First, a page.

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Global Population Aging

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Presentation on theme: "Global Population Aging"— Presentation transcript:

1 Global Population Aging

2 What is population aging?
Older people (often, people aged 65+) are a greater percentage of the population The average age of the population gets older The ratio of older people to younger people increases

3 Why do populations change?
Three basic processes affect who is counted as a member of a group Fertility People being born Migration People moving from place to place Mortality People dying

4 Which process do you think usually drives population aging?

5 Fertility changes are key
If people live longer but keep having lots of children, the age structure of the population does not change. If women have fewer children, a higher percentage of people in a population will be old. So – declining fertility rates are the key.

6 Fertility rates, 1950 and 2005 Africa: 6.7 -> 5.1
Asia: > 2.5 Latin American / Caribbean: > 2.6 North America: > 2.0 Europe: > 1.4

7 Mortality changes are also important
Increasing life expectancy contributes to population aging Especially when infant mortality is lowered More people survive to become old

8 Does migration have an effect?
Migration has little effect on population aging at a national level. In some smaller areas, out-migration of younger people may lead to population aging Especially in rural areas

9 United States, 1950

10 United States, 2000

11 United States, 2050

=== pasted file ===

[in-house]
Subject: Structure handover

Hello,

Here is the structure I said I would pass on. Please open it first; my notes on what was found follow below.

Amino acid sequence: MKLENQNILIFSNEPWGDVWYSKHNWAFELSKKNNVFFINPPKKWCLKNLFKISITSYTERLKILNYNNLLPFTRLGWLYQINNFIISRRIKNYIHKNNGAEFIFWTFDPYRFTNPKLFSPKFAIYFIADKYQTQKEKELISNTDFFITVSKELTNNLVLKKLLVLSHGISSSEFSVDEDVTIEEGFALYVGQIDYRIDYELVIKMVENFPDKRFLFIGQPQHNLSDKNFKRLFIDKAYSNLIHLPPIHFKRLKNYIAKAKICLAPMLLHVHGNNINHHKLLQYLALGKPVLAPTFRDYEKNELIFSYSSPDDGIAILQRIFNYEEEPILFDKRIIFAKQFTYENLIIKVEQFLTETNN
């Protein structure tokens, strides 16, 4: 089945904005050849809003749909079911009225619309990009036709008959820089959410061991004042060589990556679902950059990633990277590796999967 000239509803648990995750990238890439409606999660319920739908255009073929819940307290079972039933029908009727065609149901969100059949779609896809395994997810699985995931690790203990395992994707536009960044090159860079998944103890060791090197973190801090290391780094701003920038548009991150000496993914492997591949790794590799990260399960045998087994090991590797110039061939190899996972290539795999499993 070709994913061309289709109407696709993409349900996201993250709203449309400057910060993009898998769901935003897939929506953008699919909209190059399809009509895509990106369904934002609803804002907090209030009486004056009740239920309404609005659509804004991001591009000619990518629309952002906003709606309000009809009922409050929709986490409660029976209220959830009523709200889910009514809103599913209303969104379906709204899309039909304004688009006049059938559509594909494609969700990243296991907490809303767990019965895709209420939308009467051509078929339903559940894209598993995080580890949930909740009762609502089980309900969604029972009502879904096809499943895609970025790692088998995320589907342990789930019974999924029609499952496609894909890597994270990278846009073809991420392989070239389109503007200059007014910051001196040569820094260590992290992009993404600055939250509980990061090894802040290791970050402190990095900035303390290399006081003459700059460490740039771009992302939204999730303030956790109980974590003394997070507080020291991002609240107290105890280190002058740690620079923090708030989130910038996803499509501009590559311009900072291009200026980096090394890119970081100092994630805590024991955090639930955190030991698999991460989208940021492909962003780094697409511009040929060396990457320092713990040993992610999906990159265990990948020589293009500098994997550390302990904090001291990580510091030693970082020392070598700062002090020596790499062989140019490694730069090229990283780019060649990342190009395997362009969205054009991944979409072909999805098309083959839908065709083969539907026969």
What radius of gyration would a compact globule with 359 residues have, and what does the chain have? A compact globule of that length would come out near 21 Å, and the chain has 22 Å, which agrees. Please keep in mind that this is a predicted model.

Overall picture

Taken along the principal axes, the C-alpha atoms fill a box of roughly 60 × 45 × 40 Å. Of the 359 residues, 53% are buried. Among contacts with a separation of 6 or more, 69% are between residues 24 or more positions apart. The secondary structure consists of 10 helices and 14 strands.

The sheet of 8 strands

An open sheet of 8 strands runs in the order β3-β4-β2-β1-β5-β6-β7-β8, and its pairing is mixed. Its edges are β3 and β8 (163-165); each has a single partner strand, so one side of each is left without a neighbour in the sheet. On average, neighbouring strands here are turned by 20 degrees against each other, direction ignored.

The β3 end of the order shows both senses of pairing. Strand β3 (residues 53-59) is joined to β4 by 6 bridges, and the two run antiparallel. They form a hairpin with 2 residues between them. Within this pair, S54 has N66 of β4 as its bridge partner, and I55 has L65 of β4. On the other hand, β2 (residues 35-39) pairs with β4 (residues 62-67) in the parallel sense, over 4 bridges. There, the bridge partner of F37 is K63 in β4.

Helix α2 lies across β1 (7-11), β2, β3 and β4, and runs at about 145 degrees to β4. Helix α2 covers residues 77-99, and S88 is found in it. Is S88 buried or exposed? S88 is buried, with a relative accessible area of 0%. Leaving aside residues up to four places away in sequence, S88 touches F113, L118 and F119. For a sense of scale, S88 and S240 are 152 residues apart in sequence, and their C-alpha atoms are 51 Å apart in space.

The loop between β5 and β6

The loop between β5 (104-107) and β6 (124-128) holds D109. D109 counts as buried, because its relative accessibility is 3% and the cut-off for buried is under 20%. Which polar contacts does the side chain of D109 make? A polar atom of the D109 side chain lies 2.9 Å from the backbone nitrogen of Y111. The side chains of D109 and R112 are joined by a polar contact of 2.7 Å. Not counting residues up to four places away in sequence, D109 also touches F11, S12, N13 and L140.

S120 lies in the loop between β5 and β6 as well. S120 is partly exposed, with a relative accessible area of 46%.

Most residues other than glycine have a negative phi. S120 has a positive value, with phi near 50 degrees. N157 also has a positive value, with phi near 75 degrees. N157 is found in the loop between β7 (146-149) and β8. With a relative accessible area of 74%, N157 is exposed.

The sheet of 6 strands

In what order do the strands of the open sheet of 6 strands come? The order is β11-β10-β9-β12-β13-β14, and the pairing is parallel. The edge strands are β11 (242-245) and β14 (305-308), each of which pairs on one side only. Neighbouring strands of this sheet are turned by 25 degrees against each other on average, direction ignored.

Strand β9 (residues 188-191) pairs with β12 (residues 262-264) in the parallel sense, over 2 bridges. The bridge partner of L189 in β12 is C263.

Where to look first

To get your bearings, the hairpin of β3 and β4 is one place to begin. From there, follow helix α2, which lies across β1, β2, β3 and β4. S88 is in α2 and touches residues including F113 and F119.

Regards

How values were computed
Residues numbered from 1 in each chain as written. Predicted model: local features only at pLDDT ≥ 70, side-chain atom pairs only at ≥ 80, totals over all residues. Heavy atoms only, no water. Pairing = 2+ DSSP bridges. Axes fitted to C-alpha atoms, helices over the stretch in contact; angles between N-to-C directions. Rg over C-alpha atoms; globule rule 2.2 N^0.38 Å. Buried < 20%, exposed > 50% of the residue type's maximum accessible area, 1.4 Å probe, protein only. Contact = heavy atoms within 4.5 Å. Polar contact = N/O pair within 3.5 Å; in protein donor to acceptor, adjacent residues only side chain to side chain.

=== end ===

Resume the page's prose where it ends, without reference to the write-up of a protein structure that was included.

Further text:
12 India, 2000

13 India, 2025

14 India, 2050

15 Russia, 2000

16 Russia, 2050

17 Want to see more?

18 Global Aging: Top 10 Oldest Countries
Slide 33 Global Aging: Top 10 Oldest Countries Per Nancy Gordon (Associate Director for Demographic Programs for U.S. Census Bureau), global aging is occurring at a rate never seen before – we need to pay close attention to how countries respond to the challenges and opportunities of growing older.(An Aging World:2001, November 2001) Italy is the world’s demographically ‘oldest’ country. Over 18% of the all Italians are aged 65 or over. It is followed by Greece, Sweden, and Japan with 17% or more. With the exception of Japan – the world’s oldest countries are in Europe. The U.S. (not among the top 10 nor top 25) is relatively young among developed countries at less than 13%.

19 Percent Aged 65 and Over: 2000 Slide 34 Percent Aged 65 and Over: 2000
(An Aging World:2001, November 2001) Over half (59%). of the world’s elderly now live in developing nations (Africa, Asia, Latin America, Caribbean, Oceania) Industrialized nations of Europe, North America, and Japan: higher percentages of older people.

20 Percent Aged 65 and Over: 2030 Slide 35 Percent Aged 65 and Over: 2030
(An Aging World:2001, November 2001) By 2030, this proportion of elderly in developing countries is projected to increase to 71%. As noted in the report, An Aging World: 2001, these expanding numbers of very old people represent a social phenomenon without precedent. This growth is also bound to change the previously held stereotypes of older people. In addition, this growth is pertinent to public policy because individual needs and social responsibilities change with increased age. As the numbers grow their impact will be felt in the global economy. It is important that we understand the characteristics of this population, their strengths, and their needs. We face the challenge of anticipating the changing needs and desires of an aging world in a new millennium.

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